1. A father has no direct control over the outcome of his children’s salvation. Although parents can be instrumental, ultimately salvation is the sovereign work of God.

2. Contextually, this particular condition refers to the family unit in which the father has his direct authority in managing his own household (cf. 1 Timothy 3:4-5). Hence, it cannot refer to any children who live outside of the father’s managing household.

View 2: The word pista, (pista) in this text should take on more neutral translation than a salvific sense.

Although ESV, NAU, and NIV have translated pista, (pista) to believing children, there are other popular English Bibles that have translated it otherwise – e.g., “having faithful children” (KJV); “with faithful children” (NET); “having faithful children” (NKJ), which all have the more neutral translation “faithful” than the salvific term.

The verb e;cwn (eckon) or having denotes “the possession of persons to whom one has close relationships.”[3] Hence, the implication is that this only refers to children who are still directly under the managing authority of their father in his home.[4]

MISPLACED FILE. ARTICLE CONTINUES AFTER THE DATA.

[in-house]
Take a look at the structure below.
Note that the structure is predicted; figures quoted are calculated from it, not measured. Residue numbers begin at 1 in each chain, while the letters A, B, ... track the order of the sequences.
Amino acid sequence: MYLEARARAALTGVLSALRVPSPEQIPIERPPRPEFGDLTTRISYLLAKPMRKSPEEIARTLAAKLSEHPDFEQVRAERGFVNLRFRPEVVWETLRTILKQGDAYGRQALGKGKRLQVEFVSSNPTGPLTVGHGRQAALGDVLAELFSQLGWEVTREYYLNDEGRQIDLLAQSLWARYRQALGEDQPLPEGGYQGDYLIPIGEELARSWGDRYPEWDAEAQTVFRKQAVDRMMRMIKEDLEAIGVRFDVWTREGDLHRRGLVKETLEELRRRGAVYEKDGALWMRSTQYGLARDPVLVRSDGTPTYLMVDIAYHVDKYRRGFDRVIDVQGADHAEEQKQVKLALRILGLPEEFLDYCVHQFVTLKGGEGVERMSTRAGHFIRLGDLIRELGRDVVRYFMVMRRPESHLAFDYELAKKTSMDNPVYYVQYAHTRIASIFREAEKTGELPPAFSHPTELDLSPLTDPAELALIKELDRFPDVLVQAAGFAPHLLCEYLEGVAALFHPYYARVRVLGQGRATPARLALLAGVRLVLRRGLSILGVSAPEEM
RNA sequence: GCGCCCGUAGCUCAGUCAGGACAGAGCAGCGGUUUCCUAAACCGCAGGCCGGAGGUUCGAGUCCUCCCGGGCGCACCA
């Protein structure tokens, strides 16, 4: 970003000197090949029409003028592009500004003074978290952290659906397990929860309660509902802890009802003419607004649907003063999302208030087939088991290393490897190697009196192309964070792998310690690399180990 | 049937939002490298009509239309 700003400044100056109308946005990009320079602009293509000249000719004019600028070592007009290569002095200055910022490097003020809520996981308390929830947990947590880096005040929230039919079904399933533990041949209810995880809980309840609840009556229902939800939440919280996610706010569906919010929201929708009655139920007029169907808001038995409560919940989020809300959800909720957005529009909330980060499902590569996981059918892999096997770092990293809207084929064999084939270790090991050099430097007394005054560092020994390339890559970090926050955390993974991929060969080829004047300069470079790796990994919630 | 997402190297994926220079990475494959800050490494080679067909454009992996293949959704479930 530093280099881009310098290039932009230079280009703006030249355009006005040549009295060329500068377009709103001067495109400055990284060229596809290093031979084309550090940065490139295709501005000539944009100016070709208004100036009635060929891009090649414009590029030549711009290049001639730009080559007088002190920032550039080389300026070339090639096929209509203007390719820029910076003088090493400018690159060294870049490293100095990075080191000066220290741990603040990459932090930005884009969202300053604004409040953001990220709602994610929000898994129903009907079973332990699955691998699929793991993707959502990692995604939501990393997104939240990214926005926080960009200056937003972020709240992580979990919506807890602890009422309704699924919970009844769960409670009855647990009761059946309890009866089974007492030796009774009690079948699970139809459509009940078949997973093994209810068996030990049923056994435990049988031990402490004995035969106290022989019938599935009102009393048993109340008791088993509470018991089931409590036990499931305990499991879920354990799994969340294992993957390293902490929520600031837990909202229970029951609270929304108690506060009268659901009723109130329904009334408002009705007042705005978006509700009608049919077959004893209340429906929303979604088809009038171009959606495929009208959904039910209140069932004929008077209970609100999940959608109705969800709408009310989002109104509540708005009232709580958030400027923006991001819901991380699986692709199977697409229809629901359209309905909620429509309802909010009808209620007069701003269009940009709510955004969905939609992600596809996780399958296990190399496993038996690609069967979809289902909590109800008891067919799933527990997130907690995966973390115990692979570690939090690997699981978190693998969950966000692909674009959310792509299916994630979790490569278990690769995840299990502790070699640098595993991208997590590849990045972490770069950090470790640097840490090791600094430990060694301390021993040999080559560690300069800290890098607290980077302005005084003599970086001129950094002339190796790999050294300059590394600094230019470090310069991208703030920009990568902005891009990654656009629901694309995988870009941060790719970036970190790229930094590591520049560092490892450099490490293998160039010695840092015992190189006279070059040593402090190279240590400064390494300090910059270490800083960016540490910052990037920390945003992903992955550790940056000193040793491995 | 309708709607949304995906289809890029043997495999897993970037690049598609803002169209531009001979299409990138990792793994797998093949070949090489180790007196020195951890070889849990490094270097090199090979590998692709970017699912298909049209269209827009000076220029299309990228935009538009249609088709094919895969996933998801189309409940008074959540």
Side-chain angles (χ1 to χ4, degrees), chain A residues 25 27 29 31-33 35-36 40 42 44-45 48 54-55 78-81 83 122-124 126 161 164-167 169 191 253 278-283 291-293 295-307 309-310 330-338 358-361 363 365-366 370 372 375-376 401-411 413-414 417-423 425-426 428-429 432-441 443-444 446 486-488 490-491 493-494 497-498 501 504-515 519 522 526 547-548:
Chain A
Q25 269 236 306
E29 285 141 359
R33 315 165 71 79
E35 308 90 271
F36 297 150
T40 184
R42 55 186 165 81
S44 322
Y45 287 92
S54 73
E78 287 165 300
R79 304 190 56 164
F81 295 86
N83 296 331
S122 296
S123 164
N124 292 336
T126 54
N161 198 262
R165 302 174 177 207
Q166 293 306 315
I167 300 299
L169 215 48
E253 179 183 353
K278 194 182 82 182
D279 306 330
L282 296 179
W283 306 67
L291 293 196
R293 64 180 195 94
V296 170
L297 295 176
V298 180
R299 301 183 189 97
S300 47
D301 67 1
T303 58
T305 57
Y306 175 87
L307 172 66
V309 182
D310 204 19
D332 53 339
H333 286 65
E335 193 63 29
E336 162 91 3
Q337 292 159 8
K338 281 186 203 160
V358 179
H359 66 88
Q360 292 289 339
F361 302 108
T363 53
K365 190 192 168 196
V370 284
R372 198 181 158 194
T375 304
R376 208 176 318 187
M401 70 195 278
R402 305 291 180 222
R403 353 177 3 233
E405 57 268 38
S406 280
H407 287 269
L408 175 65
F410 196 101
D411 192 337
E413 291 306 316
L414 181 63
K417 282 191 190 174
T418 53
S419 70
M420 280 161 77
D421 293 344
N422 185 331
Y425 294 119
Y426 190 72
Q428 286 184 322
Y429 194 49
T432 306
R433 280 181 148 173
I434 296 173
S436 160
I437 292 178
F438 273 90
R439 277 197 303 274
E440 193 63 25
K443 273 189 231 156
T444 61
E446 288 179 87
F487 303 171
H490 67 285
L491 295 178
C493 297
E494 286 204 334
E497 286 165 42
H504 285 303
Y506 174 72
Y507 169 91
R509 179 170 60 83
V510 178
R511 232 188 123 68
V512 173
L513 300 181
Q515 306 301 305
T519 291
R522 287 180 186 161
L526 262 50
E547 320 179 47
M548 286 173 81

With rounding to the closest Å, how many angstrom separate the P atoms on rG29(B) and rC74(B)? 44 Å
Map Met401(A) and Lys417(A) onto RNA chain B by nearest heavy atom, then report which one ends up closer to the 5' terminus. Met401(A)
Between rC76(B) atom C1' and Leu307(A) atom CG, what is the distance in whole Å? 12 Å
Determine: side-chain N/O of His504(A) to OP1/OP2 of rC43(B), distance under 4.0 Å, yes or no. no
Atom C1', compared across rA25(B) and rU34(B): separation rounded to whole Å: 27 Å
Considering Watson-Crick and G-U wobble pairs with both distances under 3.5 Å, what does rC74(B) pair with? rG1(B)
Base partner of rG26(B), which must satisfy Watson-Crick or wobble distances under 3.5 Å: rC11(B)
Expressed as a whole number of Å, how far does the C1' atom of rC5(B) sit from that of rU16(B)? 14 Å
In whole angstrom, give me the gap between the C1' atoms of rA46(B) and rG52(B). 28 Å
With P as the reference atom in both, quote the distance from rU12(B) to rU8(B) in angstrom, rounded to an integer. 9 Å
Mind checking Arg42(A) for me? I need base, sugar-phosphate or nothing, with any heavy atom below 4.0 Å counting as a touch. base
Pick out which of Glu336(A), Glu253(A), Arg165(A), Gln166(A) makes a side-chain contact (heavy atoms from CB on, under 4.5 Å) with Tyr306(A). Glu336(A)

1. Having believing children safeguards “above reproach” standard of 1 Timothy 3:2.

[Stay tune for Part 2]

[1] Some other proponents include William D. Mounce, Pastoral Epistles, WBC (Nashville: Nelson, 2000), 388; Kenneth S. Wuest, “The Pastoral Epistles-First Peter” in Word Studies in the Greek New Testament (Grand Rapids: Eerdmans, 1994), 2:184; D. Edmond Hiebert, “Titus” in The Expositor’s Bible Commentary: 1, 2 Thessalonians, 1, 2 Timothy, and Titus (Grand Rapids: Zondervan, 1996), 204; John Calvin, “Commentaries on the Epistles to Timothy, Titus, and Philemon” translated by William Pringle in Calvin’s Commentaries (Grand Rapids: Baker, 2003), 292-3.

[2] John MacArthur, ed., The MacArthur Study Bible (Nashville: Nelson, 2006), 1855.

[3]e;cw” in BAGD (Chicago: The University of Chicago Press, 1979), 332.

[4] George W. Knight, The Pastoral Epistles, NIGTC (Grand Rapids: Eerdmans, 1992), 289.